Bartholomew? Isn’t he something to do with hospitals? Look him up and you’ll find he’s mentioned in the New Testament, usually alongside Philip, and in John’s gospel he’s identified as Nathaniel. Legend has it that after the Ascension Bartholomew preached the gospel in India before moving to Greater Armenia (The area between the Caspian and Black Seas). He is said to have been martyred in Albanopolis in Armenia, now known as Kruje some 20 km north of Tirana. In some accounts he was beheaded, but the popular version is that he was flayed alive before being crucified, head downward.
His remains are said to have been given to one of the first churches in the city of Dura-Europos in Syria but later, miraculously, were washed ashore on Lipari a small island to the north of Sicily before being moved to Benevento, 50 km north-east of Naples. Some of the relics were given to Frankfurt, and Canterbury and some to Rome where they were preserved in the basilica of his name. The basilica at some stage inherited an old pagan medical centre, which, over time, made the link between Bartholomew, medicine and hospitals.
But there are other associations. His martyrdom is commemorated on 24th August. On the same day: in 79 AD, Mount Vesuvius erupted killing 15,000; in 410 AD, Rome was overrun by the Visigoths, and in: 1349 AD, the Jews in Mainz were blamed for the Plague and 6,000 were killed.
In 1572, 223 years later, in France came the St Bartholomew’s Day massacre. It started with the murders of the leaders of the Huguenots (French Calvinistic Protestants) ordered by the King Charles IX, but quickly developed into a mob-led bloodbath which left 3,000 dead in Paris and a total of 70,000 killed in all France.
Although the universal Church was later very thankful for the 16th century Reformation, it brought about a horrifying fanaticism and cruelty, all perpetrated in the name of God. The Bartholomew Day Massacre shows some of the tensions that come at times of religious ‘excitement’ and though I can’t imagine any of us killing for our version of the faith, we need to learn from this event because it might affect our own attitudes to some of our more annoying fellow Christians.
We need to be very careful about generalising about people even if we know they are part of what might be a persecuting movement. One of the enemies of the Huguenots, the Duke of Guise, who personally organised the murder of members of their leadership opened his house to the families of local Protestants and gave orders that they were to be treated kindly when under his roof. Some other Catholic leaders enabled other families to escape the butchery, being horrified that what started as a plot to kill only the leaders had turned into wholesale massacre.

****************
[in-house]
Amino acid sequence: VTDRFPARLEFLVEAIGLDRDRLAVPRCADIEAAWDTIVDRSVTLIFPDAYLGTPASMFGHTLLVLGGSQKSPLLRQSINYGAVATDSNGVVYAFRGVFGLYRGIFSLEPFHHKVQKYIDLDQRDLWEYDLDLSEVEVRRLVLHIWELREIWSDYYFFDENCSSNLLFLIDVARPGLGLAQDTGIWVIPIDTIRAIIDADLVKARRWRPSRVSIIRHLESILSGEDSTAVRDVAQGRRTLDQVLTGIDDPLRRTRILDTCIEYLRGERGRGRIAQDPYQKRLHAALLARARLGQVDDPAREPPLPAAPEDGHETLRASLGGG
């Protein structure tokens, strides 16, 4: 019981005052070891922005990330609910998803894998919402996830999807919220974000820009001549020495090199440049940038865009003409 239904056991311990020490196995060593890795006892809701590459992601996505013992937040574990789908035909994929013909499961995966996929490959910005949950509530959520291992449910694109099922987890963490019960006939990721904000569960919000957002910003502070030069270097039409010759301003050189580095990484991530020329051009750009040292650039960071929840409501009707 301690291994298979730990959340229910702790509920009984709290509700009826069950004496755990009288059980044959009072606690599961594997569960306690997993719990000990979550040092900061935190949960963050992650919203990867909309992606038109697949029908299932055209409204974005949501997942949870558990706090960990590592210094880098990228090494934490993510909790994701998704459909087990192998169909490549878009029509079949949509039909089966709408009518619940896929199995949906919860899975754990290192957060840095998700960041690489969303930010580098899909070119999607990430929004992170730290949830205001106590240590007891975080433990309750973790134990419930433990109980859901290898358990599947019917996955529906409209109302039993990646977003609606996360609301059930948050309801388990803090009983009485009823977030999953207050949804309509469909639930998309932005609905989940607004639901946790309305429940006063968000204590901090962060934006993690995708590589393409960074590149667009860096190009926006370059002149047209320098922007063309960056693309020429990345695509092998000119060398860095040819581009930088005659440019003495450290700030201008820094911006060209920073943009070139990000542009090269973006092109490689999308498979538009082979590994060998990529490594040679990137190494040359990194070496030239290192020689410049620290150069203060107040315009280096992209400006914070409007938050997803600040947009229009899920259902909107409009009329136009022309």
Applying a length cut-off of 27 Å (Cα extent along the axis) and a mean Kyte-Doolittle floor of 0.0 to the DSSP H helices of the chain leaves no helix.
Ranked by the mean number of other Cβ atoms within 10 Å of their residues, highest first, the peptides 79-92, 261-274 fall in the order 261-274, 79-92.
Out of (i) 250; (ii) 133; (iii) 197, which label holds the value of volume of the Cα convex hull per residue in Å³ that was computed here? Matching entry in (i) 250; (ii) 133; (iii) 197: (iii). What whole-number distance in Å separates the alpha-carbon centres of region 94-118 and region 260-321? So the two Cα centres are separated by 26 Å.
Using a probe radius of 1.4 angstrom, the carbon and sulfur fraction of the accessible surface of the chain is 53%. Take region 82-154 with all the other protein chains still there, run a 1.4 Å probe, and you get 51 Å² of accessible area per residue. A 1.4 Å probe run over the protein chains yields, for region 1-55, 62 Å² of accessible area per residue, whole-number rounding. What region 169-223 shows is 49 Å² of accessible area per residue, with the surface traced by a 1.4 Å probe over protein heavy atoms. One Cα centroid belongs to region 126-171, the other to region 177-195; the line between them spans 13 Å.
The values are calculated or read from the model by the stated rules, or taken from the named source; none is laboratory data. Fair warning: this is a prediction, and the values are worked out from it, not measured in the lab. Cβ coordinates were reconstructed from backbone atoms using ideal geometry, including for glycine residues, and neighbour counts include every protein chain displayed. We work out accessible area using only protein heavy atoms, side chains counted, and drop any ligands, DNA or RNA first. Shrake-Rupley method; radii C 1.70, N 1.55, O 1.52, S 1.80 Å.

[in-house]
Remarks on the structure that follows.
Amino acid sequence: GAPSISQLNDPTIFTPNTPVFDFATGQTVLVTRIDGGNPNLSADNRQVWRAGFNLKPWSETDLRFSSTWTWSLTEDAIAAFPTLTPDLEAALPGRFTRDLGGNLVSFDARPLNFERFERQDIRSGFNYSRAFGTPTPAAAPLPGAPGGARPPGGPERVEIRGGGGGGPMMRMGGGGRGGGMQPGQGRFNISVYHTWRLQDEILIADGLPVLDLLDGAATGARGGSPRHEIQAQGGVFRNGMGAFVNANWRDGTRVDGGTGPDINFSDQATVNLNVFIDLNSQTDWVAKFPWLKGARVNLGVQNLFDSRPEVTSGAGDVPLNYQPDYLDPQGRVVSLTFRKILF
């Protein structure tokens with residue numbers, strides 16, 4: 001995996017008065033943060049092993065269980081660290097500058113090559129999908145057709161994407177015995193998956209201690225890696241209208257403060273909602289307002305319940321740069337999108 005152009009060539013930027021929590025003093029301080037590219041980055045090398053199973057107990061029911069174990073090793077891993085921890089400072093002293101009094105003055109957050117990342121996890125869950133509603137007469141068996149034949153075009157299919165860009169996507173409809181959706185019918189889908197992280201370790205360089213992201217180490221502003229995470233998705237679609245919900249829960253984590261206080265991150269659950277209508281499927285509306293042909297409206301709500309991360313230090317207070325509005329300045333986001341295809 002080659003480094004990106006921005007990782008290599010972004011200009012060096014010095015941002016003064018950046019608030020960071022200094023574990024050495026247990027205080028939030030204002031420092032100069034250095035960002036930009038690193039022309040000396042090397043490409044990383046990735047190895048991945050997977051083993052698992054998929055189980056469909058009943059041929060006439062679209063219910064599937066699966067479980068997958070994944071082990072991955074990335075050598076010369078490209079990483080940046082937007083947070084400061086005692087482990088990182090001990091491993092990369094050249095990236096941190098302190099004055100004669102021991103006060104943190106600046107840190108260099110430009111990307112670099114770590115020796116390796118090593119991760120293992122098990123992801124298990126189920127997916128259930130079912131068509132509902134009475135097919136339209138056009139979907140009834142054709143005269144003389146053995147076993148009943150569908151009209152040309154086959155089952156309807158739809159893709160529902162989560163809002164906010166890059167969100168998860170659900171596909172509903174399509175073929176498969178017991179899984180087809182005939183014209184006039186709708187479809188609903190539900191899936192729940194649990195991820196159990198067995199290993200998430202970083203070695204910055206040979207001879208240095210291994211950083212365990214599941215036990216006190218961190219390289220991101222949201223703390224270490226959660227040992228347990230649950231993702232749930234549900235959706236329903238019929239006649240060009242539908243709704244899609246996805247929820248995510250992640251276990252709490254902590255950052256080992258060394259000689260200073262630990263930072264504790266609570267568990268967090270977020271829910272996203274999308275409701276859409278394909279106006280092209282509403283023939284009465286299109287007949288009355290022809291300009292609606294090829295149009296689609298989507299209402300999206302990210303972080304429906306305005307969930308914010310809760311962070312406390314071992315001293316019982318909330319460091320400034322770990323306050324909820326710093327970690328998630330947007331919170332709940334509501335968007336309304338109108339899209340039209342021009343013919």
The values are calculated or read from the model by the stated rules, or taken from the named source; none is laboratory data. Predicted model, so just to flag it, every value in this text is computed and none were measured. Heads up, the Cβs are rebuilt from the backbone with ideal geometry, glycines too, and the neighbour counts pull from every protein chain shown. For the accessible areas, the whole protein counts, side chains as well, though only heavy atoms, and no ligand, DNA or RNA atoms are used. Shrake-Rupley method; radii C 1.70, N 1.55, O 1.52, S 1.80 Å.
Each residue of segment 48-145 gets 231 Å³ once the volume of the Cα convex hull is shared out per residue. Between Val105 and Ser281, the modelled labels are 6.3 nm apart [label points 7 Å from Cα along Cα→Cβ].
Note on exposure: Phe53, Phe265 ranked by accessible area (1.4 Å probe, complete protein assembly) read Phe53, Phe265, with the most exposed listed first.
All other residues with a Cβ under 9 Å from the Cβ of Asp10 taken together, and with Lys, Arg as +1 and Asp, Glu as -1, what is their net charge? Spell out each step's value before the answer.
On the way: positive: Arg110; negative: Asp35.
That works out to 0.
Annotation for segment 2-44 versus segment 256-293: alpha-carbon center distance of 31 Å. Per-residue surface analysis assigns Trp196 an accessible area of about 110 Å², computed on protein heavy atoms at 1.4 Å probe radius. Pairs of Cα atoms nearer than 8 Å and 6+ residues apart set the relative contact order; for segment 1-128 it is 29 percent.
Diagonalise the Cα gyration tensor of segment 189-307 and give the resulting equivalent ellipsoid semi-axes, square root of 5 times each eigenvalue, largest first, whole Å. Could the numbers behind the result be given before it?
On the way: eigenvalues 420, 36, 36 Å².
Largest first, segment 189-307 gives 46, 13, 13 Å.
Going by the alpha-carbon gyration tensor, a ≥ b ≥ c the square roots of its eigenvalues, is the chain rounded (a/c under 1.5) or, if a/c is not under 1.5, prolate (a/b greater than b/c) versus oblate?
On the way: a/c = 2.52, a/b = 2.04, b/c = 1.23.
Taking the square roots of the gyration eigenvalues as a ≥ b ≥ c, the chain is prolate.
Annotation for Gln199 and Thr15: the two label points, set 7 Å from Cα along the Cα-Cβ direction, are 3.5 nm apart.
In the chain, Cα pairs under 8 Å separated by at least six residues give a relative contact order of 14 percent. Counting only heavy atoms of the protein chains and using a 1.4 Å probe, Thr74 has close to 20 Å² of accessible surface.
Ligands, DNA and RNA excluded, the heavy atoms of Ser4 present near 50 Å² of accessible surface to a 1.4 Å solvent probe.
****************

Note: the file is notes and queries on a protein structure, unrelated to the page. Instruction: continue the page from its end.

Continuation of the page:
To those who planned the event, such lenience shown by leading Catholics was shocking. The Papal Nuncio is said to have reported to the Pope that, “the only one who had acted in the spirit of a Christian and refrained from mercy, was the King; while the other princes, who pretended to be good Catholics and to deserve the favour of the Pope, had striven, one and all, to save as many Huguenots as they could.”
As Vicar Steve told us, we are all involved in mission, and we should be aware that we are handling what is potentially a very dangerous weapon. Although political, social and ethnic elements also feature in the conflicts that trouble our world, we can’t ignore the fact that religious differences are also used as levers to keep the pot of discontent on the boil. This can cause some people to adopt a very uncompromising stance because they feel that what God wants of them must be adhered to at all costs. For this very reason many people are turned away from religious conviction of any kind because they feel that it only fosters division and lack of toleration.
We, who believe that God’s demands are supreme, must also see that convictions about the details of what those demands are, differ greatly among good people in all generations, and so there just has to be moderation in all things. Only so, surely, can the distinction between faith and fanaticism, conviction and bigotry be drawn. Don’t let anyone deride the “liberal values” of toleration, respect for other peoples’ views or the belief in the common humanity that binds us all together. These things can’t be portrayed as ‘wishy-washy’ and motivated only by the desire to have no conflict, and to compromise at all costs; No, that is misrepresentation, because to stand for these values often requires as much courage, and sometimes causes as much conflict, as a stand for any value, when confronted by selfishness or zealotry.
Remember how the commonly accepted association of leadership with domination was reversed in Luke (22: 25-27) by linking it with service?
Can we use the anniversary of one of the awful events of religious cruelty to strengthen our prayers that such events, which keep recurring in our world, do not turn us or others into partisans wanting vengeance or retribution on whole groups of people, or even into generalisers who tar every one of our enemies with the same brush?
Give us all, Father God, a sense of proportion and zeal of moderation!